which again is a commodity that can be obtained free of charge or at a minimal cost. Thus, the cleanser used to clean the printing equipment costs virtually nothing. In contrast to this, when printing with a non-water soluble ink, the equipment must be cleaned with the fairly costly, synthetic solvent that is used as the part of the ink. As a typical example, one of the cheapest solvents presently obtainable is methanol which costs approximately fifty cents per gallon. When rotogravure process color printing is used for example it takes approximately 10 gallons of solvent to clean each large printing cylinder. Thus, in rotogravure process color printing using four large cylinders and a non-water soluble ink, a cost is incurred each day of approximately $20.00 in order to clean the cylinders. This is to be contrasted with the fact that, when a water-base ink is used the clean-up can be accomplished free of charge since the solvent being used to clean-up is water. Since the average printing unit includes many other items in addition to the cylinders, it will be apparent that the cost of cleaning when a non-water soluble ink is used is far greater than the estimate given above. For example, in a typical large printing press which is adapted to print in four colors it has been found that the clean-up cost using a non-water soluble ink is approximately $70.00, which is a cost that must be incurred each day. Another saving accomplished through the use of a water-base ink is the simplification of the clean-up process. Since the solvent being used to clean-up is water which can generally be obtained free of charge it is only necessary to virtually turn a hose on the various pieces of equipment to be cleaned and to allow the water to run until the unit is sufiiciently cleaned. Conversely, when a non-water soluble ink is used and the clean-up must be accomplished with a solvent that is to be purchased, the clean-up must of necessity progress slower and thereby require more time and expense since the solvent must be used judiciously and in a manner to obtain maximum cleaning.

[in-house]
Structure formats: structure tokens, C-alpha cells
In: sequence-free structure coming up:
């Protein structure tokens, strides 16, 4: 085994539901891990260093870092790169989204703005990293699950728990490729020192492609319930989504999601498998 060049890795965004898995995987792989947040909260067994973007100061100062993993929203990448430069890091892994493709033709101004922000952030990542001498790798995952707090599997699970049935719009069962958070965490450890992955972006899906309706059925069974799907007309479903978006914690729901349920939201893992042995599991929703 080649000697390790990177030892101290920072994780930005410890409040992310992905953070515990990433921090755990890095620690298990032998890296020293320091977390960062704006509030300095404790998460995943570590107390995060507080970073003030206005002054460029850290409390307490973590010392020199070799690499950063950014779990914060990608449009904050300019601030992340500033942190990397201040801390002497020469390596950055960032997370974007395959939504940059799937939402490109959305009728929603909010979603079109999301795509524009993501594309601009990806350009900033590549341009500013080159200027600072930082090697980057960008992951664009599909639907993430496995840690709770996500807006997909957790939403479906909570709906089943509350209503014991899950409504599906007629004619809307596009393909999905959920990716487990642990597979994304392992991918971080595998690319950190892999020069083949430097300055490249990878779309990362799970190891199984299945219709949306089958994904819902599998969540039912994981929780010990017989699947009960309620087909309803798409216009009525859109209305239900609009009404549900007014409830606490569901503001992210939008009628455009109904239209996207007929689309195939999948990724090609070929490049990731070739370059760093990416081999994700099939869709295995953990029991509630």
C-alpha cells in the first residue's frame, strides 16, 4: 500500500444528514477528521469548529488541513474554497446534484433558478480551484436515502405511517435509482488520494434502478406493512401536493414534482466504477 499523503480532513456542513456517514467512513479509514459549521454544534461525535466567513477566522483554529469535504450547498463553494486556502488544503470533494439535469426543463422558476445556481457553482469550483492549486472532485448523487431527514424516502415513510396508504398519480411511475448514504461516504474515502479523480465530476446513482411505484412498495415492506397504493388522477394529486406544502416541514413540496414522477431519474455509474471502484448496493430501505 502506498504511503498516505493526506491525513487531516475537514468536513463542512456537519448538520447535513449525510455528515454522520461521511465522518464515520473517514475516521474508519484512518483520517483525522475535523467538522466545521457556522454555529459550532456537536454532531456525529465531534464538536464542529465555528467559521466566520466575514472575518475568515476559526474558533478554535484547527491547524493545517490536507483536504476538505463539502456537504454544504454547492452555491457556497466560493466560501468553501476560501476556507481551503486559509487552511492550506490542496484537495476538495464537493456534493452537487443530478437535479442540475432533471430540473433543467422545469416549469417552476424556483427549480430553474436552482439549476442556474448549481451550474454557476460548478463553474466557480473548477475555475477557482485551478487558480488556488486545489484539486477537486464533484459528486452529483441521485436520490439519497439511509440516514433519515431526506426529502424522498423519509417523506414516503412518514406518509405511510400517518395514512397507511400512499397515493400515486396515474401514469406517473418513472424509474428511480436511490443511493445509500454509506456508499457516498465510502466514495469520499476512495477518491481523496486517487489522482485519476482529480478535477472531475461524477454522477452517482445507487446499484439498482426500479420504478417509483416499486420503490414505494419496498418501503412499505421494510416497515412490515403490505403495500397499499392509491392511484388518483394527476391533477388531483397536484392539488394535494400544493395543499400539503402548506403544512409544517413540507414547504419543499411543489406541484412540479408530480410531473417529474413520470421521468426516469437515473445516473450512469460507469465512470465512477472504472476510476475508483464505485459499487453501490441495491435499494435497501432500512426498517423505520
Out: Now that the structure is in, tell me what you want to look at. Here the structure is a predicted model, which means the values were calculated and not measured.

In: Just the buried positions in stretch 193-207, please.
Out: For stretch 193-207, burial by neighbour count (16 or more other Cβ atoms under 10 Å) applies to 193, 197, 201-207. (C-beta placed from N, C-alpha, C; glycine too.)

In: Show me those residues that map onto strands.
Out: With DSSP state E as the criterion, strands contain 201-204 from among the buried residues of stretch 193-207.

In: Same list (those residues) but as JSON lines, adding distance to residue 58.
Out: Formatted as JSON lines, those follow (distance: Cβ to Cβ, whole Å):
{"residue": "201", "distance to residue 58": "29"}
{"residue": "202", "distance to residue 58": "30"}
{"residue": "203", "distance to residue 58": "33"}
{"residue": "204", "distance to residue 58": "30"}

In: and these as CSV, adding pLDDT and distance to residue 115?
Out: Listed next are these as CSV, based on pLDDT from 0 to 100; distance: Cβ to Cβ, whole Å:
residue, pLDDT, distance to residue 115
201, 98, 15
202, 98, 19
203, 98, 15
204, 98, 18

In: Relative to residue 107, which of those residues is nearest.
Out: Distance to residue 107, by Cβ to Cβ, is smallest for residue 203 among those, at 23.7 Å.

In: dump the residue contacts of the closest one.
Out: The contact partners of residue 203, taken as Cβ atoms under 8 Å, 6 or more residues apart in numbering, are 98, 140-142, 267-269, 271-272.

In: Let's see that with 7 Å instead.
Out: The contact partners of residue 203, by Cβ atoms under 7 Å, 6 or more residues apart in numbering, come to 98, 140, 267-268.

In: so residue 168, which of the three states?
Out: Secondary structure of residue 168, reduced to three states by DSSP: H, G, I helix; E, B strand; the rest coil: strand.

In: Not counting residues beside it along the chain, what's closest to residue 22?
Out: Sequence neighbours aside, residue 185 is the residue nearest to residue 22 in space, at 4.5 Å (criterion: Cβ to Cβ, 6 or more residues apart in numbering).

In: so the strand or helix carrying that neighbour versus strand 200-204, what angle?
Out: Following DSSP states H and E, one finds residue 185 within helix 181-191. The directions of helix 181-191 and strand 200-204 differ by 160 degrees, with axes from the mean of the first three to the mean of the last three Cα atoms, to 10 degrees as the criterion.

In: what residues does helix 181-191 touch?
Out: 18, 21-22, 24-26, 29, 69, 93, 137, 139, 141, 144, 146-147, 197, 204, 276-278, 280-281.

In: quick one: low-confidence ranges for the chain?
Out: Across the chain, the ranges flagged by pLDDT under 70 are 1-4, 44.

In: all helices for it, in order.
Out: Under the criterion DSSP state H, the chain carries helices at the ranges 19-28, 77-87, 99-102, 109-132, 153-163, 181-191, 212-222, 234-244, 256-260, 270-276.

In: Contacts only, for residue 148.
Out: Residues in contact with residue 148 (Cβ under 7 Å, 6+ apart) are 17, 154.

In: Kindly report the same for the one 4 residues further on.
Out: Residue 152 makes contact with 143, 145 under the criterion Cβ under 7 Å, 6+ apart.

A further economy achieved through the use of a water-base ink as contrasted to a non-water soluble ink is that the solvent used for cleaning does not have to be stored when a water-base ink is used. In printing systems utilizing a non-water soluble ink it is necessary to purchase and store large quantities of flammable solvents which involves an expense not only because of the purchase but also because of the storage. Because they are volatile and flammable the solvents also necessitate additional expenditures for items such as insurance, maintenance, safety, etc.